Sunday, March 16, 2014

Chicks Arrive Tomorrow!

Tomorrow Jason and I will be bringing home a peeping box of 28 straight run (boys and girls) chicks. We are going to drive out to Polk Ohio to pick up my order from Meyer Hatchery.  Last year I ordered chicks from Meyer Hatchery for Garden Dreams and I was pleased with them.  We plan to keep some (not all!) of the pullets (hens) from this batch for eggs at our house.   They will be a mix of breeds: Wyandotte, White Rock, Partridge Rock, Delaware, Dominique, and Easter Egger.

I learned a lot raising up a batch of chicks last year, and I figured out some things to do differently. 

Brooder Setup
I set up the brooder space in a narrow room off the basement.  Cardboard walls and floors, pine shavings for litter.  I have partitioned off a smaller area for them for the first bit so they don't wander too far from the heat source, but I can remove it as soon as they need more room.  Ambient temperature stays about 20 degrees warmer than outside, so at night it is getting down to around 40 degrees.  

Brooder Stuffs
I set the brooder up with the essentials: 
  • Chick Starter from Hiland Naturals.  I picked this up from Serenity Hill Farms in Cheswick, which I recommend as a great source for pastured meat, eggs, and gmo-free or soy-free feed.  I have an additional feeder should this not be enough space around the feeder.
  • Waterer (see next picture).
  • Heat Source(s).  Jason and I fashioned the metal hover from a galvanized tub and a 250 watt heat lamp.  We cut a hole for the lamp to shine through but not large enough for it to fall through.  The galvanized tub doesn't get hot, greatly reducing the risk of fire should the thing fall onto the litter.  It is secured with strong chain to it does NOT fall because it could trap the chicks underneath and roast them with too much heat.  As it hangs, they can scoot under when they need a warm up and come out to eat and drink and be merry.  
  • Chick Grit to help them grind and digest their feed.
Bucket Nipple Poultry Waterer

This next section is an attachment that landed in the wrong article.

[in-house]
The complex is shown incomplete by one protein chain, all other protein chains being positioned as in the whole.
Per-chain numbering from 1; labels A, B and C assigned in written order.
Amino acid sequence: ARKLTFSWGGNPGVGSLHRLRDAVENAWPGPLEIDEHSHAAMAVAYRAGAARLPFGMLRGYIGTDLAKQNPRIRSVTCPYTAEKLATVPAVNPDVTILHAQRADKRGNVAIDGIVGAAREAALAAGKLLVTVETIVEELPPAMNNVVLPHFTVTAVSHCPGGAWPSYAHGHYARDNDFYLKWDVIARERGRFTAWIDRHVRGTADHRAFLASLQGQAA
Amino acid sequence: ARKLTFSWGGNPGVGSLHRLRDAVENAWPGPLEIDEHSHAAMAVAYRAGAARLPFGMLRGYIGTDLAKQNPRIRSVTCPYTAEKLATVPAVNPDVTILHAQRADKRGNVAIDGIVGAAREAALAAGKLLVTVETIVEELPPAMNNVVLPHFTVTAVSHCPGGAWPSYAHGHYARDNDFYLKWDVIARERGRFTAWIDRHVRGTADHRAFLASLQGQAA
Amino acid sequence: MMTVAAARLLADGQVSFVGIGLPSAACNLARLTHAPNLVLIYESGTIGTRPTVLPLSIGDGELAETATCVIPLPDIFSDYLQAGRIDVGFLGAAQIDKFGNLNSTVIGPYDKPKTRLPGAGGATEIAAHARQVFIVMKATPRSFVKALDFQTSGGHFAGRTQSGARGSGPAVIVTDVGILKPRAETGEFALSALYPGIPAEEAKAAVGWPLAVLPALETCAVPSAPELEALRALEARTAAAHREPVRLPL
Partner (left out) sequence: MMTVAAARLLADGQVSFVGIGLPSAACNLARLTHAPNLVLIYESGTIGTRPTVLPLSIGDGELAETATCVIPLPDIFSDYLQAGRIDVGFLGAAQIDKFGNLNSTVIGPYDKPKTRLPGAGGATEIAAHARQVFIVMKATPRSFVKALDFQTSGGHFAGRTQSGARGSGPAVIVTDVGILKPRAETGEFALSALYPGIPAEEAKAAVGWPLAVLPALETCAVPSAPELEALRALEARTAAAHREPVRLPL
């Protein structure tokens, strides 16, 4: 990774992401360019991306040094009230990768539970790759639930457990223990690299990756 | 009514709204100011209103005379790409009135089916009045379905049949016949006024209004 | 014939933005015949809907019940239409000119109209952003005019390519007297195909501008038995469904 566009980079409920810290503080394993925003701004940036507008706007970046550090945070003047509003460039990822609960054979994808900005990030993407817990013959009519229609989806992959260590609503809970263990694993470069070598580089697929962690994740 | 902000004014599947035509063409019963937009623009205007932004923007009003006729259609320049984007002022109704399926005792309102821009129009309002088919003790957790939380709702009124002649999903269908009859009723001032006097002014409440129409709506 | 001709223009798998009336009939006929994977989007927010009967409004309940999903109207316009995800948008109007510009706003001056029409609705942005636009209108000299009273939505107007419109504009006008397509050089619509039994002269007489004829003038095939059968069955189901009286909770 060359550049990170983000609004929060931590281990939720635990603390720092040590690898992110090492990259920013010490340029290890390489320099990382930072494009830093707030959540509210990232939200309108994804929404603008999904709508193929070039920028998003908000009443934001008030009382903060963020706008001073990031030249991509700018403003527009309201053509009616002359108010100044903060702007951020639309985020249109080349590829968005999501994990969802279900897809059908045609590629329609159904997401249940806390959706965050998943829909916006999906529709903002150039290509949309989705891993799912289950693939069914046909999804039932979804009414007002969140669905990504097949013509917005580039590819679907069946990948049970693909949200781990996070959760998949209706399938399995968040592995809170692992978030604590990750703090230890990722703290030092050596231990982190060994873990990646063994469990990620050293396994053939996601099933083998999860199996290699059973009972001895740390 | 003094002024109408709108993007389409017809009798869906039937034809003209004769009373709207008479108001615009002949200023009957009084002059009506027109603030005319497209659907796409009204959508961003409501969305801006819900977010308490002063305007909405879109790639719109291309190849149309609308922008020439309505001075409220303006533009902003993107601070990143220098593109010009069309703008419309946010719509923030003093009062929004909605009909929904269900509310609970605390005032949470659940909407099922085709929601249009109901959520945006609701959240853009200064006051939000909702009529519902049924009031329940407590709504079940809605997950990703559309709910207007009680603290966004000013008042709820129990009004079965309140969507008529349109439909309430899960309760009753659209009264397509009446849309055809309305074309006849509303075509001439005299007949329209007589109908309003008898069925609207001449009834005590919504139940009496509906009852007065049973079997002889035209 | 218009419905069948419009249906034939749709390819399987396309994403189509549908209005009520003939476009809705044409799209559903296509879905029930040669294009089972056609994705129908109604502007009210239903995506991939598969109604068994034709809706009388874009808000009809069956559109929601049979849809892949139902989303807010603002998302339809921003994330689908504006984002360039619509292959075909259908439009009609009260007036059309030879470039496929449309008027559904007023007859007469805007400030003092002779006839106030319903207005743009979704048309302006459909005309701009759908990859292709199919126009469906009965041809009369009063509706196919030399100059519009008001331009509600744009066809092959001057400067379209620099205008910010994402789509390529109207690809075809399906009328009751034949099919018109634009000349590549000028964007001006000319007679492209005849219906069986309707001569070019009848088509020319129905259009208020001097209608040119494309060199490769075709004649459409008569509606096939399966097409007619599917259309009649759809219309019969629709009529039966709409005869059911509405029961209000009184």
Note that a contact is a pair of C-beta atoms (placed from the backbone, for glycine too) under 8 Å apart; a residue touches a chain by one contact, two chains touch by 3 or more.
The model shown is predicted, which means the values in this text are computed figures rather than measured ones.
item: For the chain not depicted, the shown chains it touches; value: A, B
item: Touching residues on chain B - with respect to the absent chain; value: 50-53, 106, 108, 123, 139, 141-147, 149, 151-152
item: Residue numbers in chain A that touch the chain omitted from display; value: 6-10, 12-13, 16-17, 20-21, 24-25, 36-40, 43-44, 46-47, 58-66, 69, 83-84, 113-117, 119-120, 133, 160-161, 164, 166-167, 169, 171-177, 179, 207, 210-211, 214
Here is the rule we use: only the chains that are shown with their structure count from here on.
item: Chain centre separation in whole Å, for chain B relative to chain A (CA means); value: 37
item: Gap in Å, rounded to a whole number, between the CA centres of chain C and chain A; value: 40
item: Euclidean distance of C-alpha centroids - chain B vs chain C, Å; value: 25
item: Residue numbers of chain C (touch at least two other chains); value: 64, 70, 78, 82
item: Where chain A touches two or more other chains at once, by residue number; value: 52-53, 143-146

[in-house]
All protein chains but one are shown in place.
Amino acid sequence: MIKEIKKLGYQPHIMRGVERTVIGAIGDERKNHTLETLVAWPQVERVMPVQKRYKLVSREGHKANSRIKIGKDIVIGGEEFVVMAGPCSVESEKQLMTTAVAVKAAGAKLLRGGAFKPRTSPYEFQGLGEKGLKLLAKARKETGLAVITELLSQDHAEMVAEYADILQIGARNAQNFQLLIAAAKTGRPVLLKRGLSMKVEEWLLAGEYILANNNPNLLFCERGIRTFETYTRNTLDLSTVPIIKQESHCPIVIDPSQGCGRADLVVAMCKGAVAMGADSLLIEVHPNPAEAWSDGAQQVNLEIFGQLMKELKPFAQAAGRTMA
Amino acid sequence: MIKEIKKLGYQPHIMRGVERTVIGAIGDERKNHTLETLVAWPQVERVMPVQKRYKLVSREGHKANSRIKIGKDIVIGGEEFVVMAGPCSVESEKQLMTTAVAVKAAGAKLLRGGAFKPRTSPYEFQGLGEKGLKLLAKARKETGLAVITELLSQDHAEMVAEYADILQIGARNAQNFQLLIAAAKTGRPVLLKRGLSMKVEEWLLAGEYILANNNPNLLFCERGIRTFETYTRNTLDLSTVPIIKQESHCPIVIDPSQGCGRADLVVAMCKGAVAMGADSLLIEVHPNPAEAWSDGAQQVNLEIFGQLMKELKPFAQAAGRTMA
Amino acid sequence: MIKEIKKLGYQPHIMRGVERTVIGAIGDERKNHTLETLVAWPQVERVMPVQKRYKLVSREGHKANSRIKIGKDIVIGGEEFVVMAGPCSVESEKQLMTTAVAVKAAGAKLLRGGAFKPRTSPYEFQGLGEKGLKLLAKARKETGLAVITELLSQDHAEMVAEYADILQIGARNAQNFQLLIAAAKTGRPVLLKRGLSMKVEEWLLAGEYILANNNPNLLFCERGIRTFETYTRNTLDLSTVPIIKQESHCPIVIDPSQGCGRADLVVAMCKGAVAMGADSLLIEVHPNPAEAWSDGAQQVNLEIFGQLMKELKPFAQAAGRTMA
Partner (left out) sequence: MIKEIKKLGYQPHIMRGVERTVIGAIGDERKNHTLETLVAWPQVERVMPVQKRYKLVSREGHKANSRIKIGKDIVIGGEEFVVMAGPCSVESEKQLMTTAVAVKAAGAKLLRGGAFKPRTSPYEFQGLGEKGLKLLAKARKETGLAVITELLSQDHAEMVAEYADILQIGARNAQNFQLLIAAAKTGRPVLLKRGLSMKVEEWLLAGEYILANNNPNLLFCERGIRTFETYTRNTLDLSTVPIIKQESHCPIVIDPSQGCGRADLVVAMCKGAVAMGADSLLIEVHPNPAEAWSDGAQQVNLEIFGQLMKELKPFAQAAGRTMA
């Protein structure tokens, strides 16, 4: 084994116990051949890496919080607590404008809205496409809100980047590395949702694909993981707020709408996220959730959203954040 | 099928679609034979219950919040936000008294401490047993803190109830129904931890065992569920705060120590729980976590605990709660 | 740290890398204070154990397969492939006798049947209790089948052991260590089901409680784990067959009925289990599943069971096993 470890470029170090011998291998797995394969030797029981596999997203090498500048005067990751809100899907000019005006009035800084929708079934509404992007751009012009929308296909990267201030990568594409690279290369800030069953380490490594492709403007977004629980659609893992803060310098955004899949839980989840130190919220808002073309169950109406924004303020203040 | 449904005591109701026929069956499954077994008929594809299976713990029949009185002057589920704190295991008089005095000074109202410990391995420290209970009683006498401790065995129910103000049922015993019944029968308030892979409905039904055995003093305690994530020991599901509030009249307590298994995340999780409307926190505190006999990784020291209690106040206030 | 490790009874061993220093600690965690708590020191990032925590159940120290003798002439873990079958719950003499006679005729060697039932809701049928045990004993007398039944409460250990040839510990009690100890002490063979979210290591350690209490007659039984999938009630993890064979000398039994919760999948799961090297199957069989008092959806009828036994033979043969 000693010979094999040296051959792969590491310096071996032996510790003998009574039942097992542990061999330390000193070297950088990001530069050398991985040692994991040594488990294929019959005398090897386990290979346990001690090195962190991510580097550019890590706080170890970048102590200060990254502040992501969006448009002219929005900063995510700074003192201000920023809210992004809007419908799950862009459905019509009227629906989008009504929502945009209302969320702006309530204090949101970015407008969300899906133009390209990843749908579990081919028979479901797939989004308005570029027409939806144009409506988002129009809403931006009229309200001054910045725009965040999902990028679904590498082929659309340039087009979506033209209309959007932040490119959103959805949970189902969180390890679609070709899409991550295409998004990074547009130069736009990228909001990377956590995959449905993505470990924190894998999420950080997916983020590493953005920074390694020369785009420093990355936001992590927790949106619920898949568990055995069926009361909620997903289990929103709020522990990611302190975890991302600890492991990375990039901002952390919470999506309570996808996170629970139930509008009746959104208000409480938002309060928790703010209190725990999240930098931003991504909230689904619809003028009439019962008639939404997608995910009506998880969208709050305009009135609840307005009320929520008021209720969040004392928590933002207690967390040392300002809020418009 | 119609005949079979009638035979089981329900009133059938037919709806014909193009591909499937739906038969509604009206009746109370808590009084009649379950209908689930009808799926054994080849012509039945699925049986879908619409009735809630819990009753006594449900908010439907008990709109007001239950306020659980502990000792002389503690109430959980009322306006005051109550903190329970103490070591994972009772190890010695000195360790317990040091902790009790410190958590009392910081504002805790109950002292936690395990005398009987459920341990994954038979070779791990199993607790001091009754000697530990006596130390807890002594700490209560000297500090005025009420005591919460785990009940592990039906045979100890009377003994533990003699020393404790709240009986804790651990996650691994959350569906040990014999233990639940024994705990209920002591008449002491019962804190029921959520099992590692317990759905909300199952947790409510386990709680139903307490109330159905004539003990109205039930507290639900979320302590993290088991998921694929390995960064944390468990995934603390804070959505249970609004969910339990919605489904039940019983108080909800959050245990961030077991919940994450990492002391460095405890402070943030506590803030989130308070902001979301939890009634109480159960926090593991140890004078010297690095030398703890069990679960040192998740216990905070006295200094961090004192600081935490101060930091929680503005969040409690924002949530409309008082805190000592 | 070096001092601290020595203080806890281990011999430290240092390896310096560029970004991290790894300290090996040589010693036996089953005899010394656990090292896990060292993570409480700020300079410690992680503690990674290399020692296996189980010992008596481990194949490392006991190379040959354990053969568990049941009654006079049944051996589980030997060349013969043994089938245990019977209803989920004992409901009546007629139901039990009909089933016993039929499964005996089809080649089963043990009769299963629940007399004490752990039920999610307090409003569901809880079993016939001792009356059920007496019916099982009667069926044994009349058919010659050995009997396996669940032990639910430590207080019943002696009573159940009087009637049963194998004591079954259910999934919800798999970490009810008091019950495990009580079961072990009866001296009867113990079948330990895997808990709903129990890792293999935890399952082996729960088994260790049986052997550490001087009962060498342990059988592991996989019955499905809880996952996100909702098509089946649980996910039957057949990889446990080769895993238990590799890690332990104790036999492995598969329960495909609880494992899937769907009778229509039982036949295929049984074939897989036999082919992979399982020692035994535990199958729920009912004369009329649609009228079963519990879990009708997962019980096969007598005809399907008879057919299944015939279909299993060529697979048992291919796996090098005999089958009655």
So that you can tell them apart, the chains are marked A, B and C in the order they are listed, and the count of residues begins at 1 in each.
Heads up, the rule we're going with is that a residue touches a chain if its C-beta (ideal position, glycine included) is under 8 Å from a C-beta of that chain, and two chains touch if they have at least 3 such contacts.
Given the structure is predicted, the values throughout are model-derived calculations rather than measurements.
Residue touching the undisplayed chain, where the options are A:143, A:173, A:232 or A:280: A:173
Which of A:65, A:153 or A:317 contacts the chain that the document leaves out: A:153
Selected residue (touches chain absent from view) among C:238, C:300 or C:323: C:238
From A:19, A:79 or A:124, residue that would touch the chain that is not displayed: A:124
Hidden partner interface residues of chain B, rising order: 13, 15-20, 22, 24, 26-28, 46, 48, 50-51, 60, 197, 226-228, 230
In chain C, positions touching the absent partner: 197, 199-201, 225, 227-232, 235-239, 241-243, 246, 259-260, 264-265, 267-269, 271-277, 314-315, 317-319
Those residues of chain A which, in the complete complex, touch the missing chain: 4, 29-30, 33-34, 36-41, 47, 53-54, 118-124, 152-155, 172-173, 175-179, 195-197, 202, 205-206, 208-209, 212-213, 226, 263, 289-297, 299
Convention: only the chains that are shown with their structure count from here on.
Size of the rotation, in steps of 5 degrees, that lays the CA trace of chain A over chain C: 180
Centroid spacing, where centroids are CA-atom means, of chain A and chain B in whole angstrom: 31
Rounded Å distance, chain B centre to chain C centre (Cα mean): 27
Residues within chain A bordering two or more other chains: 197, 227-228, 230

I like nipple waterers.  Jason and I made two last year with screw in nipples on the bottom of 2 gal buckets.  The chickens peck at the nipple and it releases drops of water.  It keeps the water clean, and they can't roost on top of the waterer and poop in their drinking water.  When you start chicks on them right from the start, they really get the hang of it quick.  The pain was, since the nipples were on the bottom of the bucket, you couldn't set it down to refill the water.  I found this design online with nipples on the side.  A bit pricey, but worth it.  Aquabarrel makes them from recycled food-grade buckets.  
Chick Grit
I learned last year that if I don't anchor down the grit container, the chicks will dump it out with all their jumping around.  This one is hooked on wire that is attached to the pallet (that is behind the cardboard).
EcoGlow Heater
This little yellow sucker is made by a company in the UK.  It supplies radiant heat to the chicks when they scoot underneath, like they would a mother hen.  It's made for 20 chicks but I find it did very well for 15 if the room is on the colder side.  So, it won't work for the 28 that are coming, but will be a fine backup and additional heat source.  The manufacturer says it is not effective if ambient temperature is below 50 degrees F but I think it will be fine since it is an extra heater.

Getting the heat right
To find the right height to hang the hover, I placed a digital thermometer at "chick height" about 3" above the floor, directly under the 250 watt heat lamp, aiming for a temperature of around 92 - 95 degrees F.  The room is cold, so they need to all be able to huddle under here and warm up.  I'll drop the temperature weekly by about 5 degrees.

Ambient Room Temperature =  50 degrees F during the day when it's 30 degrees F outside

Will post pictures soon of the fuzzy things!

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